Human Nature

, Volume 27, Issue 2, pp 130–140 | Cite as

The Complexity of Jokes Is Limited by Cognitive Constraints on Mentalizing

  • R. I. M. DunbarEmail author
  • Jacques Launay
  • Oliver Curry


Although laughter is probably of deep evolutionary origin, the telling of jokes, being language-based, is likely to be of more recent origin within the human lineage. In language-based communication, speaker and listener are engaged in a process of mutually understanding each other’s intentions (mindstates), with a conversation minimally requiring three orders of intentionality. Mentalizing is cognitively more demanding than non-mentalizing cognition, and there is a well-attested limit at five orders in the levels of intentionality at which normal adult humans can work. Verbal jokes commonly involve commentary on the mindstates of third parties, and each such mindstate adds an additional level of intentionality and its corresponding cognitive load. We determined the number of mentalizing levels in a sample of jokes told by well-known professional comedians and show that most jokes involve either three or five orders of intentionality on the part of the comedian, depending on whether or not the joke involves other individuals’ mindstates. Within this limit there is a positive correlation between increasing levels of intentionality and subjective ratings of how funny the jokes are. The quality of jokes appears to peak when they include five or six levels of intentionality, which suggests that audiences appreciate higher mentalizing complexity whilst working within their natural cognitive constraints.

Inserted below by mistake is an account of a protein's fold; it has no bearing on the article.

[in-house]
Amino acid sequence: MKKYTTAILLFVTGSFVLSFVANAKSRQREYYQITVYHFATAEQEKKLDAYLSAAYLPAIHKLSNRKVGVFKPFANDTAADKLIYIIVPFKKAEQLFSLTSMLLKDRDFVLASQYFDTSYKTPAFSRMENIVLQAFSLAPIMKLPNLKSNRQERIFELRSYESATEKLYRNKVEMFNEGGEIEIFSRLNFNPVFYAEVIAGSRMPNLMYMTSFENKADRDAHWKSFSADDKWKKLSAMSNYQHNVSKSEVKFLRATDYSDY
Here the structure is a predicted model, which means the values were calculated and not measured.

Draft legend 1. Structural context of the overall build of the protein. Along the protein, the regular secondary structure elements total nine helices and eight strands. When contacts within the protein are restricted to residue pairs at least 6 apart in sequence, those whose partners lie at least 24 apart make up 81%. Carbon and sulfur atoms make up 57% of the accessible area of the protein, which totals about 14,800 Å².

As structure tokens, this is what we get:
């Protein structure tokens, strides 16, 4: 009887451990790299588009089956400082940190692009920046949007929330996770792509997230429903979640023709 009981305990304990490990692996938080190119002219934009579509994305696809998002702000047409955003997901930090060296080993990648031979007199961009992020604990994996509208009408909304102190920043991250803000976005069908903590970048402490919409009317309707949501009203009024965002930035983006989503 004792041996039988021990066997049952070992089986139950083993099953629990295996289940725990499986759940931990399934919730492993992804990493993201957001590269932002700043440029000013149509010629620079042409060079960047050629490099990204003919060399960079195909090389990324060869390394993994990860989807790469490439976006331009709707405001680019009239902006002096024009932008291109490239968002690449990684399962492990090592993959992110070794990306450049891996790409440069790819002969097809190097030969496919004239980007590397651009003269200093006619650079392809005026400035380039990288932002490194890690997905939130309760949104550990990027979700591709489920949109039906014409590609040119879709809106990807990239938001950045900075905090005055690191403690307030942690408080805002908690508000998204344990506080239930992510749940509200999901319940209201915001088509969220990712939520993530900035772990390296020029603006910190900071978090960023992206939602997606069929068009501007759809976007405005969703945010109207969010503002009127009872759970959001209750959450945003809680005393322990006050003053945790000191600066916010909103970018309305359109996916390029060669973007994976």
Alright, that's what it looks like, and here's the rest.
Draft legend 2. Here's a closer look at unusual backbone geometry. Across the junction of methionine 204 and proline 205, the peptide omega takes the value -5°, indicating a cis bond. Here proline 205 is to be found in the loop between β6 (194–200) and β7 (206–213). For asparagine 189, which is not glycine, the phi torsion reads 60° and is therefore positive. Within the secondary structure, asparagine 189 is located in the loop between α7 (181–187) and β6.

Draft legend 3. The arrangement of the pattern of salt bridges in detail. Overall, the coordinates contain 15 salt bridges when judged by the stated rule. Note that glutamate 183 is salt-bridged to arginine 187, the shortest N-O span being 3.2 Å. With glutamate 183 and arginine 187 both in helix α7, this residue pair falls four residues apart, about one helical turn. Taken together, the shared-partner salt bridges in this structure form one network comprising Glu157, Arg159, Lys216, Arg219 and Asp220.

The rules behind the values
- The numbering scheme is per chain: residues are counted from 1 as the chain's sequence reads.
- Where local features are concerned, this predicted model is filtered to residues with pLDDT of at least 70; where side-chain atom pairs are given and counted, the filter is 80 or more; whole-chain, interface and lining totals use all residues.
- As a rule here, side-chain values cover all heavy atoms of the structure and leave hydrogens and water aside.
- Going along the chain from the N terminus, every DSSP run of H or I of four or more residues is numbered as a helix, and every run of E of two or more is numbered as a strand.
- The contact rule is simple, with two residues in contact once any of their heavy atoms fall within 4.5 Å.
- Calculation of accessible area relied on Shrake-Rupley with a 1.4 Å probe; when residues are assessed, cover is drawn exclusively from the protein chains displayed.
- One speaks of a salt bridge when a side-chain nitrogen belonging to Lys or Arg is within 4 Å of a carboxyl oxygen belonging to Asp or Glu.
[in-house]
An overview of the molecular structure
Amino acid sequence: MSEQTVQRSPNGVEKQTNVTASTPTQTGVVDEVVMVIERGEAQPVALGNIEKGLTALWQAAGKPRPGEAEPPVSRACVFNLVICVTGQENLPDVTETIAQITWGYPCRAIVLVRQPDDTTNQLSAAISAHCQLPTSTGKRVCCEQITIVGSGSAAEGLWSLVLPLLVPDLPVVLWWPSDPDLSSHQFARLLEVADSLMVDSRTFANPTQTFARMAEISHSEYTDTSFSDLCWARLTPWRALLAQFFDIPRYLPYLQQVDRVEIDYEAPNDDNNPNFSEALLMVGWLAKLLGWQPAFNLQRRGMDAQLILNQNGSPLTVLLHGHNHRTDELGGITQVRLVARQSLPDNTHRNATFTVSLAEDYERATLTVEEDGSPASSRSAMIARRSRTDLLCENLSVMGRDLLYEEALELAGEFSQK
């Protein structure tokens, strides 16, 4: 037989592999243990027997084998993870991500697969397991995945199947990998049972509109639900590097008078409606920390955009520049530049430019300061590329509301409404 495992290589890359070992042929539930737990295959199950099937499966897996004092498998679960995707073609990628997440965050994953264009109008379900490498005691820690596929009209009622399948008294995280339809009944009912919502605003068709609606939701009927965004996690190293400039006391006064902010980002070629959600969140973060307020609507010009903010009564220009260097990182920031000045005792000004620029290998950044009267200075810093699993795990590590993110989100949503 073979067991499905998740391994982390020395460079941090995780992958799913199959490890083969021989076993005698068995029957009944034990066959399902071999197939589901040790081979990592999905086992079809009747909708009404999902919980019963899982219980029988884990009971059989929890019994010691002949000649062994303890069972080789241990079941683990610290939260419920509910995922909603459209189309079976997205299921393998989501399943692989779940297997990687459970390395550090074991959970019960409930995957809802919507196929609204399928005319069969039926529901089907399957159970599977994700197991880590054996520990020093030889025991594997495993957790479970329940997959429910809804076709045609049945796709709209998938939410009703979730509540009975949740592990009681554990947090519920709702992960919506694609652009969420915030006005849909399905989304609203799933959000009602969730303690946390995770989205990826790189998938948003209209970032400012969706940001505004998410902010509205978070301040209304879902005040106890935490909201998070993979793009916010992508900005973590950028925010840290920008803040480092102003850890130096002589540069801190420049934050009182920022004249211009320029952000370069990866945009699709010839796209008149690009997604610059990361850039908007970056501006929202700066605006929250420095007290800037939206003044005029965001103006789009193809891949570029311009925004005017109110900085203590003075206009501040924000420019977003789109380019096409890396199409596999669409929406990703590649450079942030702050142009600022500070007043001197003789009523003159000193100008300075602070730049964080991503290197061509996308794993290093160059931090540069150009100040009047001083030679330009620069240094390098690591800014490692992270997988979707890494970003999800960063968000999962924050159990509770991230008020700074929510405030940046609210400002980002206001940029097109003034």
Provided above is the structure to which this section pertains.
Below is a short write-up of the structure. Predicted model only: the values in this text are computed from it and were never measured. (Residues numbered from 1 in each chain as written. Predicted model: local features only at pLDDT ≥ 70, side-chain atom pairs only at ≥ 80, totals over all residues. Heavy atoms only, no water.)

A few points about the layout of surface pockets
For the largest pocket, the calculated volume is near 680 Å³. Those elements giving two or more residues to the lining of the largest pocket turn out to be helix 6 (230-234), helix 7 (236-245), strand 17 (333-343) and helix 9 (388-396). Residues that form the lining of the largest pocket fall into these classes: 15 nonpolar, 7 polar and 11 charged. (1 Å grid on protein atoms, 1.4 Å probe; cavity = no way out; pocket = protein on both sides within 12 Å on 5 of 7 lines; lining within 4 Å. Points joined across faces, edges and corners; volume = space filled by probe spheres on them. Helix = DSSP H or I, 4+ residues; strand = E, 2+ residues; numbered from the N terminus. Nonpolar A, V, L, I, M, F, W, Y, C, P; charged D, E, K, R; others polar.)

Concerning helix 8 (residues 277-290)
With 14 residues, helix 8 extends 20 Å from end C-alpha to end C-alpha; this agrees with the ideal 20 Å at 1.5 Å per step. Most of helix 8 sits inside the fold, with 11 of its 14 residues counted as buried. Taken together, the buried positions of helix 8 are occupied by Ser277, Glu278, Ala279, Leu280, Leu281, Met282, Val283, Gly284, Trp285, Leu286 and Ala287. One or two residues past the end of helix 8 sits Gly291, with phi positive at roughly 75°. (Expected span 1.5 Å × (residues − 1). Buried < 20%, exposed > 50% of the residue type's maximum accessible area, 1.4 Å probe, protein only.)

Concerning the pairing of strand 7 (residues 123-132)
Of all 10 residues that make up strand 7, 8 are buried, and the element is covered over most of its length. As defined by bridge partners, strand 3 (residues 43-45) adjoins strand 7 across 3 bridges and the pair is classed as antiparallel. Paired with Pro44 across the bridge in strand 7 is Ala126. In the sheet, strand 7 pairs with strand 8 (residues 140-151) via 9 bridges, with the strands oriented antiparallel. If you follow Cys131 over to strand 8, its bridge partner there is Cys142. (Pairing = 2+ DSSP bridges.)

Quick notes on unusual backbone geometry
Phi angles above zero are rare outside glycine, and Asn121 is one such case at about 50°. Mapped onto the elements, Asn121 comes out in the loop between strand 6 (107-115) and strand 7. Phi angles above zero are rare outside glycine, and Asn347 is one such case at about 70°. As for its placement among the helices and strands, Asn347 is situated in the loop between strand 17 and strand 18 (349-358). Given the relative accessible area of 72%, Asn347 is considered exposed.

Mentalizing Jokes Intentionality Cognitive demand Mindstates 



The research was supported by European Research Council Advanced Investigator grant #295663 to RD, and by the British Academy Centenary Research Project.


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Copyright information

© Springer Science+Business Media New York 2015

Authors and Affiliations

  • R. I. M. Dunbar
    • 1
    Email author
  • Jacques Launay
    • 1
  • Oliver Curry
    • 2
  1. 1.Department of Experimental PsychologyUniversity of OxfordOxfordUK
  2. 2.Institute of Cognitive and Evolutionary AnthropologyUniversity of OxfordOxfordUK

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